potato: {
    // ... potatoes, and other state managed by the potatoReducer ...
  tomato: {
    // ... tomatoes, and other state managed by the tomatoReducer, maybe some nice sauce? ...


  1. reducers (Object): An object whose values correspond to different reducing functions that need to be combined into one.


(Function): A reducer that invokes every reducer inside the reducers object, and constructs a state object with the same shape.


Middleware is the suggested way to extend Redux with custom functionality. Middleware lets you wrap the store's dispatch method for fun and profit. The key feature of middleware is that it is composable. Multiple middleware can be combined together, where each middleware requires no knowledge of what comes before or after it in the chain.


...middleware (arguments): Functions that conform to the Redux middleware API. Each middleware receives Store's dispatch and getState functions as named arguments, and returns a function. That function will be given the next middleware's dispatch method, and is expected to return a function of action calling next(action) with a potentially different argument, or at a different time, or maybe not calling it at all. The last middleware in the chain will receive the real store's dispatch method as the next parameter, thus ending the chain. So, the middleware signature is ({ getState, dispatch }) => next => action.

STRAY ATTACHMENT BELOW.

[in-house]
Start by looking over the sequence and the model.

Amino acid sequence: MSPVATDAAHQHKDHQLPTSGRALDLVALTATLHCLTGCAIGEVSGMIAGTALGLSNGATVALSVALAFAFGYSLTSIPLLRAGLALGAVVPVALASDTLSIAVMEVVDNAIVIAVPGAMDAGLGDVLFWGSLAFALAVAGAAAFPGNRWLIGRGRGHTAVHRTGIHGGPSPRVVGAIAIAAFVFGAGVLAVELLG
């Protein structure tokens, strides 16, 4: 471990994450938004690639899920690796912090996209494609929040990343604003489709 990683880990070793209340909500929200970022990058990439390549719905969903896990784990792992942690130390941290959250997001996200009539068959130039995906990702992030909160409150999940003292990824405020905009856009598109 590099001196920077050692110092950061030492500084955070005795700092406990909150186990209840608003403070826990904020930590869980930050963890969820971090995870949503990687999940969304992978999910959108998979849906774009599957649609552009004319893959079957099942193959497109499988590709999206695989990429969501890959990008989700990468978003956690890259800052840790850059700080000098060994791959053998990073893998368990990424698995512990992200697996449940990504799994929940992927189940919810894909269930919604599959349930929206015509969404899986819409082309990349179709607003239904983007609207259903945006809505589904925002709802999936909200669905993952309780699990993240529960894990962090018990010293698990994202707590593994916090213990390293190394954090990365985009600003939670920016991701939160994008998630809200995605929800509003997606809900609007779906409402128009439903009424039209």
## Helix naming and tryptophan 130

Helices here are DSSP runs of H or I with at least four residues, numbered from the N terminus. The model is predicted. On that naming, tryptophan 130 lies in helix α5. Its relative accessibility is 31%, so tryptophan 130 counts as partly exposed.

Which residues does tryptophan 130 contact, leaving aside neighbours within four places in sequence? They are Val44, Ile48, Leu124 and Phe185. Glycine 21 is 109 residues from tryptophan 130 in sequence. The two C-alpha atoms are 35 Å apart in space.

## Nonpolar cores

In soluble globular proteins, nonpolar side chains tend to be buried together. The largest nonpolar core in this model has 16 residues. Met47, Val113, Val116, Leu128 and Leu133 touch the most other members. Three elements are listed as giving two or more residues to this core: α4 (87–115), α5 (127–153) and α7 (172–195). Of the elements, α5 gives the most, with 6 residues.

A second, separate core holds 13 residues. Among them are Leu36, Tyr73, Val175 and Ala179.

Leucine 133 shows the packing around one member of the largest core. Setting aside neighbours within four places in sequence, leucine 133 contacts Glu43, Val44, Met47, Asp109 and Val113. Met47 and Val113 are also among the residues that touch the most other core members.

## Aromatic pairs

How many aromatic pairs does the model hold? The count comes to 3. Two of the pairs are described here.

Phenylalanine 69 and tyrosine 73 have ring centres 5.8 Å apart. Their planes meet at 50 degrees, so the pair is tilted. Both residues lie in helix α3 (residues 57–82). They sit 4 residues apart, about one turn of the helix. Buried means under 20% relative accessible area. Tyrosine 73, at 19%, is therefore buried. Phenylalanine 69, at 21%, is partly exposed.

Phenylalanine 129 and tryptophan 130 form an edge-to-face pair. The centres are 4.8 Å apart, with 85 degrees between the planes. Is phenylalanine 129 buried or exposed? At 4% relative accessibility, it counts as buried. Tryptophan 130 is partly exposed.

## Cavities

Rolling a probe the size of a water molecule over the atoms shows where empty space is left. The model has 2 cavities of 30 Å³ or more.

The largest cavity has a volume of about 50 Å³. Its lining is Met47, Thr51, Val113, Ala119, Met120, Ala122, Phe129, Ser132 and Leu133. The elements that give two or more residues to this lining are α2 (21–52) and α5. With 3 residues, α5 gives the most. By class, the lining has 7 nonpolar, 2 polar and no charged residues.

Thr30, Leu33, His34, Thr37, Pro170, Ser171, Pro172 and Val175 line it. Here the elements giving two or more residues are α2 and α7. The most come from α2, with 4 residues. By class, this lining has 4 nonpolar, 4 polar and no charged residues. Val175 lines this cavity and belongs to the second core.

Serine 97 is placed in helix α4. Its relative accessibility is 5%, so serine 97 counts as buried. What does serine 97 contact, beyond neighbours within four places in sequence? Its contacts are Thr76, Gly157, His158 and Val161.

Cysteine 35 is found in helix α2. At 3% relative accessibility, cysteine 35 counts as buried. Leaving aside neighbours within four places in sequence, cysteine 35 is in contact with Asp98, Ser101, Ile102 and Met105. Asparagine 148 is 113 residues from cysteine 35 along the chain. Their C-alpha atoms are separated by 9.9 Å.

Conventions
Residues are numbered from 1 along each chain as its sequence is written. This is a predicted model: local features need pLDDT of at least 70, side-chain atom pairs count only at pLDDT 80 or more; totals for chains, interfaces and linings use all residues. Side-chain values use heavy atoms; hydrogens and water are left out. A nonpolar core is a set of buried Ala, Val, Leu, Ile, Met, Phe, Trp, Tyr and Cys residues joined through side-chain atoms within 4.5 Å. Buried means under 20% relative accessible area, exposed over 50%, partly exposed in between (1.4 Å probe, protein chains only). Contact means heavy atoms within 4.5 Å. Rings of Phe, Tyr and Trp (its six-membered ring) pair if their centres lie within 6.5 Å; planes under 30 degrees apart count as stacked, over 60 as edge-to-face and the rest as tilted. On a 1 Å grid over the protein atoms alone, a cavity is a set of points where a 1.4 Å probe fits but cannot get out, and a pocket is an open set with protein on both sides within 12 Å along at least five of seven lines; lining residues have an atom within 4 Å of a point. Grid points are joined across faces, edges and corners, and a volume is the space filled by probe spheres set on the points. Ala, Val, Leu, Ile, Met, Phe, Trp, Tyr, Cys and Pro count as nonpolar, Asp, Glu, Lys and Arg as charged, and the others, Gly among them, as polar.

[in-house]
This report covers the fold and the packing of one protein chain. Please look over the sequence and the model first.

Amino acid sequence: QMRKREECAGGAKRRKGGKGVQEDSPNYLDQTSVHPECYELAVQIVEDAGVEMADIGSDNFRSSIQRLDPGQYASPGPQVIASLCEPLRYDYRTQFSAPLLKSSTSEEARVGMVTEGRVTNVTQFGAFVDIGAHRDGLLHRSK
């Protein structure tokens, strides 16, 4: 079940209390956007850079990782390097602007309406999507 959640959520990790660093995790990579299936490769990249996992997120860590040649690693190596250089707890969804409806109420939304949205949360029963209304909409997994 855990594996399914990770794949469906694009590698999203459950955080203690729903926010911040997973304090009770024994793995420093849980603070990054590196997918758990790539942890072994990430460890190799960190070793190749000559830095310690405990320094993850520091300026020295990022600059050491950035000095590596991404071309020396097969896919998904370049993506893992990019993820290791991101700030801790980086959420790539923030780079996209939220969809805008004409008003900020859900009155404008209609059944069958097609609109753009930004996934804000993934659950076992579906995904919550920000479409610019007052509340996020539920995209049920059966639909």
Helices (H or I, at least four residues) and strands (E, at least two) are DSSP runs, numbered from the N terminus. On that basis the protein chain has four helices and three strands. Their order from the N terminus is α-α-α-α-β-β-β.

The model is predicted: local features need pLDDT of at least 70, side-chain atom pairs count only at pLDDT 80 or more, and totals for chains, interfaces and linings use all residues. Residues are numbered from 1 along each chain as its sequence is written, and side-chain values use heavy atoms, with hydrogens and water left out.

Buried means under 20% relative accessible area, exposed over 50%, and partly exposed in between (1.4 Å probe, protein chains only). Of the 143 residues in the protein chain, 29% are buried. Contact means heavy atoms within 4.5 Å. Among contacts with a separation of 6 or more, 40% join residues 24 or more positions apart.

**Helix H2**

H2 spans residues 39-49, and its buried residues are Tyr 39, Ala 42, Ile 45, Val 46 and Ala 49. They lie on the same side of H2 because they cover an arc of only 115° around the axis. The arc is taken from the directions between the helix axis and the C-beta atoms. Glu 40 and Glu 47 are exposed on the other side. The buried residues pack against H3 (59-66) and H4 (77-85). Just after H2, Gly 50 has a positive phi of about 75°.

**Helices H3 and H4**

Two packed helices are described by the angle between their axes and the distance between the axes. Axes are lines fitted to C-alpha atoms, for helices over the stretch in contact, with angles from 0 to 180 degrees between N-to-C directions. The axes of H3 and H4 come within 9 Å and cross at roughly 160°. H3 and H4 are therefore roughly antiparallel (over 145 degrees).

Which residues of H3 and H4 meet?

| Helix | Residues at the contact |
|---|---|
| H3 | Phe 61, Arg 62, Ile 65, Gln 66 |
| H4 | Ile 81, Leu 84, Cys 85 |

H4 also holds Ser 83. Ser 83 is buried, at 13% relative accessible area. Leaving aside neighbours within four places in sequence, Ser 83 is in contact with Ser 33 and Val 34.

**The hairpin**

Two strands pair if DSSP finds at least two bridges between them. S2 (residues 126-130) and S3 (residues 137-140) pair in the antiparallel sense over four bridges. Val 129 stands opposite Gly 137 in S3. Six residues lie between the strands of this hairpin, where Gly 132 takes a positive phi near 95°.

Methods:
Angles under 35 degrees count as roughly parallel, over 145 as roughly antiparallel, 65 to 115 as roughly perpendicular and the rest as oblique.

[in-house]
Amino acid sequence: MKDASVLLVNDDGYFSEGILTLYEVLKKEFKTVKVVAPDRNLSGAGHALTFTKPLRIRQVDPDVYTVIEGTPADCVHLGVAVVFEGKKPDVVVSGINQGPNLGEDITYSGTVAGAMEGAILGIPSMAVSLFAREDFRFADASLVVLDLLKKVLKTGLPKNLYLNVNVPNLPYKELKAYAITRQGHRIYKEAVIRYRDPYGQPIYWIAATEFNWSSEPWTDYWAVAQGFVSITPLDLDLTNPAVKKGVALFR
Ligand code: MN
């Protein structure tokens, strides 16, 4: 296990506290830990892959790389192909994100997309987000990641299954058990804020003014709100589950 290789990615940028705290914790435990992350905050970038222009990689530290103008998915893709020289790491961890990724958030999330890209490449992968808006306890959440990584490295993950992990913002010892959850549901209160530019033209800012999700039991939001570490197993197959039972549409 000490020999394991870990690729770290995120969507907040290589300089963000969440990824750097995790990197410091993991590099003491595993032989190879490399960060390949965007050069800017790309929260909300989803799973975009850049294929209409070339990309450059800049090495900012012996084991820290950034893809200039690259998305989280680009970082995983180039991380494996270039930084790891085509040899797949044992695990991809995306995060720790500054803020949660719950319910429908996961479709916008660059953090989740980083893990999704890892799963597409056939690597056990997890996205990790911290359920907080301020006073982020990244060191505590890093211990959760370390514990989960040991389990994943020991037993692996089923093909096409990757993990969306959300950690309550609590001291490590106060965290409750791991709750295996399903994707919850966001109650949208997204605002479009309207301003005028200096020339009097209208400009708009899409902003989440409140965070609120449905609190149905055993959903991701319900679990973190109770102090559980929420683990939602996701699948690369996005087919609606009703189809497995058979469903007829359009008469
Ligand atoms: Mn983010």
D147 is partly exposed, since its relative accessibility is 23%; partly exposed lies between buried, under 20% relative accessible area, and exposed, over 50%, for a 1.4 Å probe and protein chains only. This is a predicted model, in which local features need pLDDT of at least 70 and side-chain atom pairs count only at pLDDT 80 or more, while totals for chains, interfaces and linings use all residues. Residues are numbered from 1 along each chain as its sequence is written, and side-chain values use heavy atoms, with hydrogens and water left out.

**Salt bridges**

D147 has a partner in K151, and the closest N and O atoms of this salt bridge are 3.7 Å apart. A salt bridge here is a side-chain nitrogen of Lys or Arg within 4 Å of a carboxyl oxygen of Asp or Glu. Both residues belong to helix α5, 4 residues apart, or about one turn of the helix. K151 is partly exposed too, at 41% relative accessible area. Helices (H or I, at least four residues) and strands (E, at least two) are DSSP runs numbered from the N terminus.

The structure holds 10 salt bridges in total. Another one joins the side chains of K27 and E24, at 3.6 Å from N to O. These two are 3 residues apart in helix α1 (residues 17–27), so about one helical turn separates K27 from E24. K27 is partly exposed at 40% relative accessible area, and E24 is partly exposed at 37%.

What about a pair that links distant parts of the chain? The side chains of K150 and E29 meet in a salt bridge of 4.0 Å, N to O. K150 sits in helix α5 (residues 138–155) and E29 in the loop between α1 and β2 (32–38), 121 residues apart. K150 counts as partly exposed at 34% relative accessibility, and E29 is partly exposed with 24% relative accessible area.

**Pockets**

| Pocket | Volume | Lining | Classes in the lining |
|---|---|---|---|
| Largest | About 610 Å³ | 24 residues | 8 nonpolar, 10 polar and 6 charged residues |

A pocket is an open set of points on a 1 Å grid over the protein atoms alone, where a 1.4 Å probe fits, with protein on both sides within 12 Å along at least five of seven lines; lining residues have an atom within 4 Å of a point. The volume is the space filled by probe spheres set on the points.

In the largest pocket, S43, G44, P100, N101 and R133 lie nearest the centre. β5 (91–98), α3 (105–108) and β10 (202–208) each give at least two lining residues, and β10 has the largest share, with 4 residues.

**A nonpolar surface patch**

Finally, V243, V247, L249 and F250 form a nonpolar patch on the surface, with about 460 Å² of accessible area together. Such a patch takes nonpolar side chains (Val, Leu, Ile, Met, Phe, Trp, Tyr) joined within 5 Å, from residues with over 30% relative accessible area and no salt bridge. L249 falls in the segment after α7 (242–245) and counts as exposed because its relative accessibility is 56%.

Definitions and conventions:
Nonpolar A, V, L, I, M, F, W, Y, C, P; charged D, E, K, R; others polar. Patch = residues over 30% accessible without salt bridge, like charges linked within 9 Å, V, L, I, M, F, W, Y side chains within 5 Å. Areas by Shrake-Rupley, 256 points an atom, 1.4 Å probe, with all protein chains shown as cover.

(Function) A store enhancer function which you need to pass as to createStore() as the last enhancer argument.

connect(mapStateToProps?, mapDispatchToProps?, mergeProps?, options?)

The connect() function connects a React component to a Redux store.

It provides its connected component with the pieces of the data it needs from the store, and the functions it can use to dispatch actions to the store.

It does not modify the component class passed to it; instead, it returns a new, connected component class that wraps the component you passed in.


  1. mapStateToProps? ( (state,ownProps?) => Object )

    If a mapStateToProps function is specified, the new wrapper component will subscribe to Redux store updates. This means that any time the store is updated, mapStateToProps will be called. The results of mapStateToProps must be a plain object, which will be merged into the wrapped component’s props. If you don't want to subscribe to store updates, pass null or undefined in place of mapStateToProps.


    1. state: Object
    2. ownProps?: Object: not implemented


    Your mapStateToProps functions are expected to return an object. This object, normally referred to as stateProps, will be merged as props to your connected component. If you define mergeProps, it will be supplied as the first parameter to mergeProps.